Rocky Mountain News article
They've sold tens of millions of albums around the world. They pack arenas in the states, stadiums overseas. They've got 22 years of career behind them.
So why do the members of Bon Jovi still sound so defensive?
In a conference call with reporters (long before tales of Richie Sambora's pending divorce from Heather Locklear hit the news), guitarist Sambora and keyboard player David Bryan spent much of the interview pointing to album sales, longevity, concert attendance and insisting that the New Jersey band didn't, in Sambora's word, "suck."
Touring on the new album Have a Nice Day, Bon Jovi plays the Pepsi Center on Thursday night.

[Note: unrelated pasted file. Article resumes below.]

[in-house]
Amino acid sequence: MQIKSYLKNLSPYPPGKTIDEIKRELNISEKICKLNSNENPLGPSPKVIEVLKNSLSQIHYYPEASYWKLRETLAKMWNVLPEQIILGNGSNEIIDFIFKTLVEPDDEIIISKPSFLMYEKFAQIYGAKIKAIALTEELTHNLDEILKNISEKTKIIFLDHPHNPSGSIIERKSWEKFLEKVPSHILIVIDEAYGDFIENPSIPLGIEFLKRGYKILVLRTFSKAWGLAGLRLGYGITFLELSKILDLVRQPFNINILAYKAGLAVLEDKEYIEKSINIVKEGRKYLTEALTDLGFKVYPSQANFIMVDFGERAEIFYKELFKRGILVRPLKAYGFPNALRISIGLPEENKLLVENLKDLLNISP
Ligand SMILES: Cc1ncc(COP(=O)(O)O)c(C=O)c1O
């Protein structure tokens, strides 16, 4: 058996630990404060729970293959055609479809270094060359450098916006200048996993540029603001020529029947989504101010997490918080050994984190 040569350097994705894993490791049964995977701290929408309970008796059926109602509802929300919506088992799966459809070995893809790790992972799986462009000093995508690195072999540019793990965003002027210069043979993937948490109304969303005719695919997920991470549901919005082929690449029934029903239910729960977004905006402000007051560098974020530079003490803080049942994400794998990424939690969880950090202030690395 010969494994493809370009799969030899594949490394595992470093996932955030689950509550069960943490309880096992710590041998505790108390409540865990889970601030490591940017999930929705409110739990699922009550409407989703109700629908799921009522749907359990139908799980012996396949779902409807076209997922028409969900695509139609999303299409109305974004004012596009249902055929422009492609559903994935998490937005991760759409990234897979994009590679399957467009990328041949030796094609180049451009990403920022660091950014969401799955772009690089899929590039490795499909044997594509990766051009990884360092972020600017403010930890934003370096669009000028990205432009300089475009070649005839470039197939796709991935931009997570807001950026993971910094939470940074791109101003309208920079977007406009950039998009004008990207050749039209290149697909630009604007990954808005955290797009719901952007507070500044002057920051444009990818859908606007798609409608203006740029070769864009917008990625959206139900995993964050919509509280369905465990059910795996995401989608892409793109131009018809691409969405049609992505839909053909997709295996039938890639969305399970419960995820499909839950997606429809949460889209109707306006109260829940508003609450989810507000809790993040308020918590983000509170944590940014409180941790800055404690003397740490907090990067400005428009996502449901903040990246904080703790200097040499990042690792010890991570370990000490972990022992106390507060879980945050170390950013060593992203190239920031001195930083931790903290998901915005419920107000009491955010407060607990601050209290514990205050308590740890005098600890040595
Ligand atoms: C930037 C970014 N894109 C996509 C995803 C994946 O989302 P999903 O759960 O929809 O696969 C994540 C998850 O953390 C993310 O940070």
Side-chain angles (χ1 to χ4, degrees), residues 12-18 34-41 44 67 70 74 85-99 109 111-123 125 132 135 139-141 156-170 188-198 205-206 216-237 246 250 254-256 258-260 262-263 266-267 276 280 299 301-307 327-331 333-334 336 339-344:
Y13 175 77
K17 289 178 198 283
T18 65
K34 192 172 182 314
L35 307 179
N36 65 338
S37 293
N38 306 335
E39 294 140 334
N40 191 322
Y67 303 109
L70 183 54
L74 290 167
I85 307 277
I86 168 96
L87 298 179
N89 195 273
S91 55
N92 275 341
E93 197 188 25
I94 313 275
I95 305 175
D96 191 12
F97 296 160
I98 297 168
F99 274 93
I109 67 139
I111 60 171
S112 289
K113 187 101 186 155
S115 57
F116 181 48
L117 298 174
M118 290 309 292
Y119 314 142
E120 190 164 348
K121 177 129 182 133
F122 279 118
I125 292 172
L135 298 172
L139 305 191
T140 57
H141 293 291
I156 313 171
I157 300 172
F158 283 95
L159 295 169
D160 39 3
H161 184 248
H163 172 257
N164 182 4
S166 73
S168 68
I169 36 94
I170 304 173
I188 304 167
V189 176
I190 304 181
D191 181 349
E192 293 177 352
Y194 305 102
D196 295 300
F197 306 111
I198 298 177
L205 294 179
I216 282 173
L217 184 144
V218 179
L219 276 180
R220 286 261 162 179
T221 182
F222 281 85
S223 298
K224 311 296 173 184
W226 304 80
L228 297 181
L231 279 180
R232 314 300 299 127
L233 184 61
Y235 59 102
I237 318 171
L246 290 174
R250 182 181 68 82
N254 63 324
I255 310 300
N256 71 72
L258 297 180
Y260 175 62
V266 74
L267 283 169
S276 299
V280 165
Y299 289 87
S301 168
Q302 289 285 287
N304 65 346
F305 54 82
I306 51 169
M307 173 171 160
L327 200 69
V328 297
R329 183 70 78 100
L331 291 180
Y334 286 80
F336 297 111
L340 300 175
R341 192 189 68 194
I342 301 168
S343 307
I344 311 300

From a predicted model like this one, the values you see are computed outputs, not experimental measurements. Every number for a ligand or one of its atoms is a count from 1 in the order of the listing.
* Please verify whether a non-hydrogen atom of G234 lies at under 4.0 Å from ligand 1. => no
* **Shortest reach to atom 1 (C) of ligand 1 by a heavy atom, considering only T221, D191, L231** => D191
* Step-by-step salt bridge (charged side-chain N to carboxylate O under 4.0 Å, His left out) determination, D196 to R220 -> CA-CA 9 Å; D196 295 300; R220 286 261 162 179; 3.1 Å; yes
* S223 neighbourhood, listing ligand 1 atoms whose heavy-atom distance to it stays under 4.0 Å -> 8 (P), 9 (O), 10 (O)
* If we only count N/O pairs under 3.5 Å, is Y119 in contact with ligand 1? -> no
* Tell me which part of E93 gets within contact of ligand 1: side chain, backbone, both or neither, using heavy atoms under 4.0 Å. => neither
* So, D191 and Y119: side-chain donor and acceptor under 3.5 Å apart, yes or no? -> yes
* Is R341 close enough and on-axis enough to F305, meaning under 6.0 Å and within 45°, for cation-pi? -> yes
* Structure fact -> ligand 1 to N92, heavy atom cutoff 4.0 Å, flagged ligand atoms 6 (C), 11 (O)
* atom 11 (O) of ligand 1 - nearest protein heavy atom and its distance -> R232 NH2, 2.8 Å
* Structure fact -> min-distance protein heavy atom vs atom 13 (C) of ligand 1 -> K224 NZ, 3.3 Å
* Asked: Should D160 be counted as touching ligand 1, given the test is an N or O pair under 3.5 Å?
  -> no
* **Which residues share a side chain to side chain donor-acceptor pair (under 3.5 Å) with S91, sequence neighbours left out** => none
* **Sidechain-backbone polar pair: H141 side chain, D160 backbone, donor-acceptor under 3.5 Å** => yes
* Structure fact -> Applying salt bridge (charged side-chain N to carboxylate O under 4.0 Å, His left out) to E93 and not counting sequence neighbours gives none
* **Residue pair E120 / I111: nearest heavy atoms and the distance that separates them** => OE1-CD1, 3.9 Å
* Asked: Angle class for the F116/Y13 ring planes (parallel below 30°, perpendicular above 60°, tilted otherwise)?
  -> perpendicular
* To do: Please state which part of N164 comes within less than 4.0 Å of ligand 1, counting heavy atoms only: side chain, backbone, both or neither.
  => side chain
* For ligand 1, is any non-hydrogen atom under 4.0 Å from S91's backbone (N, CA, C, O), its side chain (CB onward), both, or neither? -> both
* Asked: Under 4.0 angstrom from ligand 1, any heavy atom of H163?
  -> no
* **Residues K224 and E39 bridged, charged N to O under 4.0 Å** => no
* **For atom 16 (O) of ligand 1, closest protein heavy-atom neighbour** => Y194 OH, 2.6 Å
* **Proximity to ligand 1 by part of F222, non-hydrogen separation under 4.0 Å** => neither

The band has had a string of hits since the '80s, including Wanted: Dead or Alive and You Give Love a Bad Name. Starting off as a hair-metal band, Bon Jovi later embraced its New Jersey roots made hip by Bruce Springsteen. Tickets for Thursday's show are selling well, but despite hit singles and albums, the band has had a lower profile in the States in the past decade than it previously enjoyed.
"We were productive in the '90s. It just was the music scene then was just grunge," Bryan says. "We never really lost our following and we never really became a grunge band. We became what we were . . . we just kept evolving what we were into a better us."
Meanwhile the band only got bigger overseas, headlining stadiums.
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